Positive steps

July 21, 2016

Brexit was a shock result for many and after weeks of negative discussion about the possible impact on higher education, it was a relief to read a pragmatic response by Nick Hillman, director of the Higher Education Policy Institute (“Hepi director: Brexit may bring ‘new opportunities’ in sector”, News, 12 July).

As well as the possible opportunities highlighted in the article, there are other factors to consider. If the euro becomes stronger than the pound, could the UK become a more financially viable and desirable place for European Union-domiciled students to study? If the UK is not tied to the Bologna Agreement, will this provide EU students with more beneficial study opportunities in the UK compared with their own country?

EU students are important participants in UK higher education and for many universities they constitute a substantial number of their student body. However, it is also important to note that EU participation in the UK in terms of the overall student body is relatively small. Statistics from the Higher Education Statistics Agency show that, since 1994, EU undergraduate enrolments account for 3 to 4 per cent of all undergraduate enrolments and 7 to 9 per cent for master’s degrees. When the UK did not adopt the euro in the mid-1990s, there was concern that EU participation in higher education would decline. In fact it has increased proportionally in terms of enrolments.

There are pitfalls with everything and we need to discuss them and take them into consideration. As well as Brexit, two other major concerns for us in the UK are the continuing decrease in higher education funding and the pitfalls and potential impact of the teaching excellence framework.

But change also brings the chance to shape, create and innovate. I would like to read discussion and ideas on how we can move forward positively and quickly to secure and sustain higher education, leaving it stronger and healthier than it was before Brexit.

Michelle Morgan
Kingston University


Send to

Letters should be sent to: THE.Letters@tesglobal.com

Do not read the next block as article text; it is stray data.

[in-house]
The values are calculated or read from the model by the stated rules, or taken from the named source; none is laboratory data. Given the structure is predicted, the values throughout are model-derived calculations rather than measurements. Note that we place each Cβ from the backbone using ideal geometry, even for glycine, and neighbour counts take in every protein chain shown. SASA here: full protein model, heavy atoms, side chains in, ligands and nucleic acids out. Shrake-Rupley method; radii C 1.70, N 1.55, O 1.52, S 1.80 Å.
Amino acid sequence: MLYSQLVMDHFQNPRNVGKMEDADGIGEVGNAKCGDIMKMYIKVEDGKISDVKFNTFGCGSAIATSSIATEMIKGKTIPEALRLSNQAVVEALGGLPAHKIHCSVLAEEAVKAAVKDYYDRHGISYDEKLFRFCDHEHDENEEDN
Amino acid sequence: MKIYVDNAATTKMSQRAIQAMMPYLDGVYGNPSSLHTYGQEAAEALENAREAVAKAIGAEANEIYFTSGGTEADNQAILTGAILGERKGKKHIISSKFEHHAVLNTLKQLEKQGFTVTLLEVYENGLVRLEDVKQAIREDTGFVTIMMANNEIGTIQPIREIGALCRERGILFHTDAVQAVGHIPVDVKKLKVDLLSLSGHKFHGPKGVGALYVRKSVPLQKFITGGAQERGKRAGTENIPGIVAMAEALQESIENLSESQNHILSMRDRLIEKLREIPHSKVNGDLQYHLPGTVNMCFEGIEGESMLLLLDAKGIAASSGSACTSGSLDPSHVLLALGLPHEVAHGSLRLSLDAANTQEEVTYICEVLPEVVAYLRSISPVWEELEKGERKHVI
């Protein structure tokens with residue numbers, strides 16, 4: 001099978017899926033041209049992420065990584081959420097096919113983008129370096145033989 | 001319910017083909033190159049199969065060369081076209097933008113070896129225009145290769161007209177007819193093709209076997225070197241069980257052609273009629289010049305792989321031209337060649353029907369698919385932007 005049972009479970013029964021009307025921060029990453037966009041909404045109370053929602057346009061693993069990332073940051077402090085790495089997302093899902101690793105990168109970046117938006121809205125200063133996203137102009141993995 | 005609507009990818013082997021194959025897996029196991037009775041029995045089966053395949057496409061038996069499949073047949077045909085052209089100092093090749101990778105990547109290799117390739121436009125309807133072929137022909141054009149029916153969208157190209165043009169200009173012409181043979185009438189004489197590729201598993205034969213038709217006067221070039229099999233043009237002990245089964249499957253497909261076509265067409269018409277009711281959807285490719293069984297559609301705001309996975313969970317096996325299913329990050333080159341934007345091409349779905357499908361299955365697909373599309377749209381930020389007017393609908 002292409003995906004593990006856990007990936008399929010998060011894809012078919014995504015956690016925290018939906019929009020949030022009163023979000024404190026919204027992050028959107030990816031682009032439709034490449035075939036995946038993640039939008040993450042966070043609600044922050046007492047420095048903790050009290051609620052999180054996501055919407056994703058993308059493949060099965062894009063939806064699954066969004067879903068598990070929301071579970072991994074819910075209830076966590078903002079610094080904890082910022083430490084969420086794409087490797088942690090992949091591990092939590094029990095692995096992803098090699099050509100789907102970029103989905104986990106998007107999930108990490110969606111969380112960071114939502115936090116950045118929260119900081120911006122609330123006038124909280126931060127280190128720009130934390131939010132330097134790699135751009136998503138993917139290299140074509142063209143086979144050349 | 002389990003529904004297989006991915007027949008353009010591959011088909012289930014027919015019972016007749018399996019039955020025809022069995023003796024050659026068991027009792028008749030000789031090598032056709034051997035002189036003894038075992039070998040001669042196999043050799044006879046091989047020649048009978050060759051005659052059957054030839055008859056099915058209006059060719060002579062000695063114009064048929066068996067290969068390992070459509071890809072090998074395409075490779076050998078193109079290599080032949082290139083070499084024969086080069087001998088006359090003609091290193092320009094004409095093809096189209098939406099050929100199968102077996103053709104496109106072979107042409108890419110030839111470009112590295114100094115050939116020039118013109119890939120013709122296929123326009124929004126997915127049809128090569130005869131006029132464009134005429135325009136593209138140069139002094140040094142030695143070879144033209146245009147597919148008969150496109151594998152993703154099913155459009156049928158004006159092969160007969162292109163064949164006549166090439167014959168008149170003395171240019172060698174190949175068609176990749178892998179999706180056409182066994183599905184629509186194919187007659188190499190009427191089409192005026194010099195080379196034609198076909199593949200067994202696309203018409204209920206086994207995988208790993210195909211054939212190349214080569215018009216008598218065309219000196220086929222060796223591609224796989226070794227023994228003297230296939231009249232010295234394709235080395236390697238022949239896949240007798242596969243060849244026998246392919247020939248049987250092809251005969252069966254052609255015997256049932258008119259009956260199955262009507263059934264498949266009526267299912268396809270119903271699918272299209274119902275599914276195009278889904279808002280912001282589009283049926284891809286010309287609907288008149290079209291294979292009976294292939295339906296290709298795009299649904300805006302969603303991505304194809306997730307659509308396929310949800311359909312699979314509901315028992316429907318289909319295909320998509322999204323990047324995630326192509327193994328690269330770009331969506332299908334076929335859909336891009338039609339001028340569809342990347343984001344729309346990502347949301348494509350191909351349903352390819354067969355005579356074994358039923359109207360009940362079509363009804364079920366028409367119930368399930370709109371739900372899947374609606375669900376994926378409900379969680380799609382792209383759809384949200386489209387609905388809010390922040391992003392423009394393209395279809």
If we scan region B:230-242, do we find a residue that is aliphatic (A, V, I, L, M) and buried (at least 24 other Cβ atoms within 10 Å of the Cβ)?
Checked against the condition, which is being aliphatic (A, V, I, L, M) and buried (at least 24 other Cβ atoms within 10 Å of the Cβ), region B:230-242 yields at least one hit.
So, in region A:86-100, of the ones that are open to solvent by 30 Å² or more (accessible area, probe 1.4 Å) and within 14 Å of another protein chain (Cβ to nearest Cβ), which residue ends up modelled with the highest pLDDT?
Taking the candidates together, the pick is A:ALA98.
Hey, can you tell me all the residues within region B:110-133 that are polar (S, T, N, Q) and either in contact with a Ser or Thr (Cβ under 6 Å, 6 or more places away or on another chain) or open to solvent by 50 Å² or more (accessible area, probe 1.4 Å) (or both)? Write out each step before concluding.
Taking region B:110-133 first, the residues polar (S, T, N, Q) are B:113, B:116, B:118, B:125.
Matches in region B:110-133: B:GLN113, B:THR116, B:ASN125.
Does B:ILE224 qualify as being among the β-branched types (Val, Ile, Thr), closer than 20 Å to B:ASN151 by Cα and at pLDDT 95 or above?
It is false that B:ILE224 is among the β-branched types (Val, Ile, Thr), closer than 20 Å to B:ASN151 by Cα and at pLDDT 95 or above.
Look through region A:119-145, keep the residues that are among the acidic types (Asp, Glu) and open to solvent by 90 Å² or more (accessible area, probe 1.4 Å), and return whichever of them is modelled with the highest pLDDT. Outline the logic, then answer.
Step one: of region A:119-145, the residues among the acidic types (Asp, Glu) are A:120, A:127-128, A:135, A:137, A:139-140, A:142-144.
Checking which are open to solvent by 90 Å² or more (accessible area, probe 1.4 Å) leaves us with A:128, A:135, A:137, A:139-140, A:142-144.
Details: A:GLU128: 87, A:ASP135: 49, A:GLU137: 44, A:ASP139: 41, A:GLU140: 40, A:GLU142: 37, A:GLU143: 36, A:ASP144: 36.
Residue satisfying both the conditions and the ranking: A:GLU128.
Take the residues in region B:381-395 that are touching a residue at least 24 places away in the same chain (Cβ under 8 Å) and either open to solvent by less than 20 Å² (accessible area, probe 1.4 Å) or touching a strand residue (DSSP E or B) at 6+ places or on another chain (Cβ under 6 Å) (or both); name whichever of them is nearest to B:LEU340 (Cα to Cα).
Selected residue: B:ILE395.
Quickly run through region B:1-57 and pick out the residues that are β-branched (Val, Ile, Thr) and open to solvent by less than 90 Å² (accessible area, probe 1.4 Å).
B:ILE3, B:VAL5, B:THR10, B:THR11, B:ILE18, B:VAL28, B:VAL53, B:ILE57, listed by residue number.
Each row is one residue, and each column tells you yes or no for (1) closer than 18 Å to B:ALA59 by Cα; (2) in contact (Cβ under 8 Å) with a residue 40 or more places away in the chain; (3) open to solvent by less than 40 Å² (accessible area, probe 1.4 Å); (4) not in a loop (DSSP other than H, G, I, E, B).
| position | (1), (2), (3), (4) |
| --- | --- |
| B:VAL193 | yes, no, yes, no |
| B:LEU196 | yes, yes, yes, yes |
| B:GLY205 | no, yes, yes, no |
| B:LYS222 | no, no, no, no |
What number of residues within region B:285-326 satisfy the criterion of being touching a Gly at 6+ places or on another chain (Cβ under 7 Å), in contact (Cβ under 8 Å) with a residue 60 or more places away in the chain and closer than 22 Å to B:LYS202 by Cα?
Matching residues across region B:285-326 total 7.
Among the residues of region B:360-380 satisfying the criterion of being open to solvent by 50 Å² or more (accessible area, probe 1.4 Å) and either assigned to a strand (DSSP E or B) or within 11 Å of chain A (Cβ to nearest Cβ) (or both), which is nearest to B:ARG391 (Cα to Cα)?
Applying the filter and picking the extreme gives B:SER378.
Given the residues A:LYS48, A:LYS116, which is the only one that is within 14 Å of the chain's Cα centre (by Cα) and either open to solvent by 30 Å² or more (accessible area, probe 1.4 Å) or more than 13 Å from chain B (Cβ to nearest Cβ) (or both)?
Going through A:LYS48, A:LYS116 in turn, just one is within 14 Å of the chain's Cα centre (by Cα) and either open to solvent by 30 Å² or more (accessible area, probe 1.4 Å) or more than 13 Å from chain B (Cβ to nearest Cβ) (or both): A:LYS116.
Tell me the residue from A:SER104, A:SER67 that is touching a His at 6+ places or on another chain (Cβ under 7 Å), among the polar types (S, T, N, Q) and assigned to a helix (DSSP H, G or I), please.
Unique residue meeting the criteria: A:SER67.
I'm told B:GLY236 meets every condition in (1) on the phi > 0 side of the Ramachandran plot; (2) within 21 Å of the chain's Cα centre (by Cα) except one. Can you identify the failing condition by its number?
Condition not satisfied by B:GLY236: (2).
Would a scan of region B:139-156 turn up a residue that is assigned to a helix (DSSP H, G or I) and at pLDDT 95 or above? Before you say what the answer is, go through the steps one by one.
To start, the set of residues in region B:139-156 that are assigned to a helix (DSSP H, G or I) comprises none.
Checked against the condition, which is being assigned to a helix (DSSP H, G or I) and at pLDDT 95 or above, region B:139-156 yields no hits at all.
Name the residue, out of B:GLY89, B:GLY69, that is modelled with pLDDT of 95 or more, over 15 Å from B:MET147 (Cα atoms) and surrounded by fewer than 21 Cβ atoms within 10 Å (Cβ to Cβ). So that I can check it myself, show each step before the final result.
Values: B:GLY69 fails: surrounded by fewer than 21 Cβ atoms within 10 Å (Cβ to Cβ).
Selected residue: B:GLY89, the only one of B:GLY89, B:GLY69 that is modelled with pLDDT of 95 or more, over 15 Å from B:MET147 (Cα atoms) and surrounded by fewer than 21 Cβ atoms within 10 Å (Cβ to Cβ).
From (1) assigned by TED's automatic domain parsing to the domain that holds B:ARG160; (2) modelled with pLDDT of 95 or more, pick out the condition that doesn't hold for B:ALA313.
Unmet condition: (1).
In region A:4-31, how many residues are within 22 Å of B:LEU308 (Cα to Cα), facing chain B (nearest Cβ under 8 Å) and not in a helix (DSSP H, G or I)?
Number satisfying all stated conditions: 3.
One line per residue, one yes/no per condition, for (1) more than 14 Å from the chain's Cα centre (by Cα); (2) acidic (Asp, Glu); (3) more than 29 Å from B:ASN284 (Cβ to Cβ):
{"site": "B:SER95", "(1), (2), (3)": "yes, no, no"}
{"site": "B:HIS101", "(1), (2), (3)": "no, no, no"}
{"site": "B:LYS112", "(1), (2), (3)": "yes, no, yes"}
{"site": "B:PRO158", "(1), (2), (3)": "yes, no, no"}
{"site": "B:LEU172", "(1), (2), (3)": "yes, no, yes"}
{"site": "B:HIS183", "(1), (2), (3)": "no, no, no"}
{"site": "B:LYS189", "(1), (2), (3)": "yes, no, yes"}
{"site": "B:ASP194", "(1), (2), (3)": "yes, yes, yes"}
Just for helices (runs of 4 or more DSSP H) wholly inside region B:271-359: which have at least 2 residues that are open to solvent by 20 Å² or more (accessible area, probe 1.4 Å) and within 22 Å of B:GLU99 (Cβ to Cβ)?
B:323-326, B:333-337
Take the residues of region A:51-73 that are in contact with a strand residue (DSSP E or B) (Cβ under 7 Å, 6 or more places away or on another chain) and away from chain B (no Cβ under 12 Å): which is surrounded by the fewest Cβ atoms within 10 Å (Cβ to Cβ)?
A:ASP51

Letters for publication in Times Higher Education should arrive by 9am Monday.
View terms and conditions.

You've reached your article limit

Register to continue

Registration is free and only takes a moment. Once registered you can read a total of 6 articles each month, plus:

  • Sign up for the editor's highlights
  • Receive World University Rankings news first
  • Get job alerts, shortlist jobs and save job searches
  • Participate in reader discussions and post comments
Register

Have your say

Log in or register to post comments

Featured Jobs

Assistant Professorship in Behavioural Science LONDON SCHOOL OF ECONOMICS & POLITICAL SCIENCE LSE
Foundation Partnerships Officer LONDON SCHOOL OF ECONOMICS & POLITICAL SCIENCE LSE

Most Commented

Social media icons

Gabriel Egan laments the narcissistic craving for others’ approval brought on, he says, by the use of social networking websites

James Fryer illustration (8 September 2016)

Some lecturers will rightly encourage forms of student interaction that are impossible for those covering their faces, Eric Heinze argues

University of Oxford students walking on campus

University of Oxford snatches top spot from Caltech in this year’s World University Rankings as Asia’s rise continues

Handwritten essay on table

Universities must pay more attention to the difficulties faced by students, says Daniel Dennehy

Theresa May entering 10 Downing Street, London

The prospect of new grammar schools on the horizon raises big questions for HE, writes Nick Hillman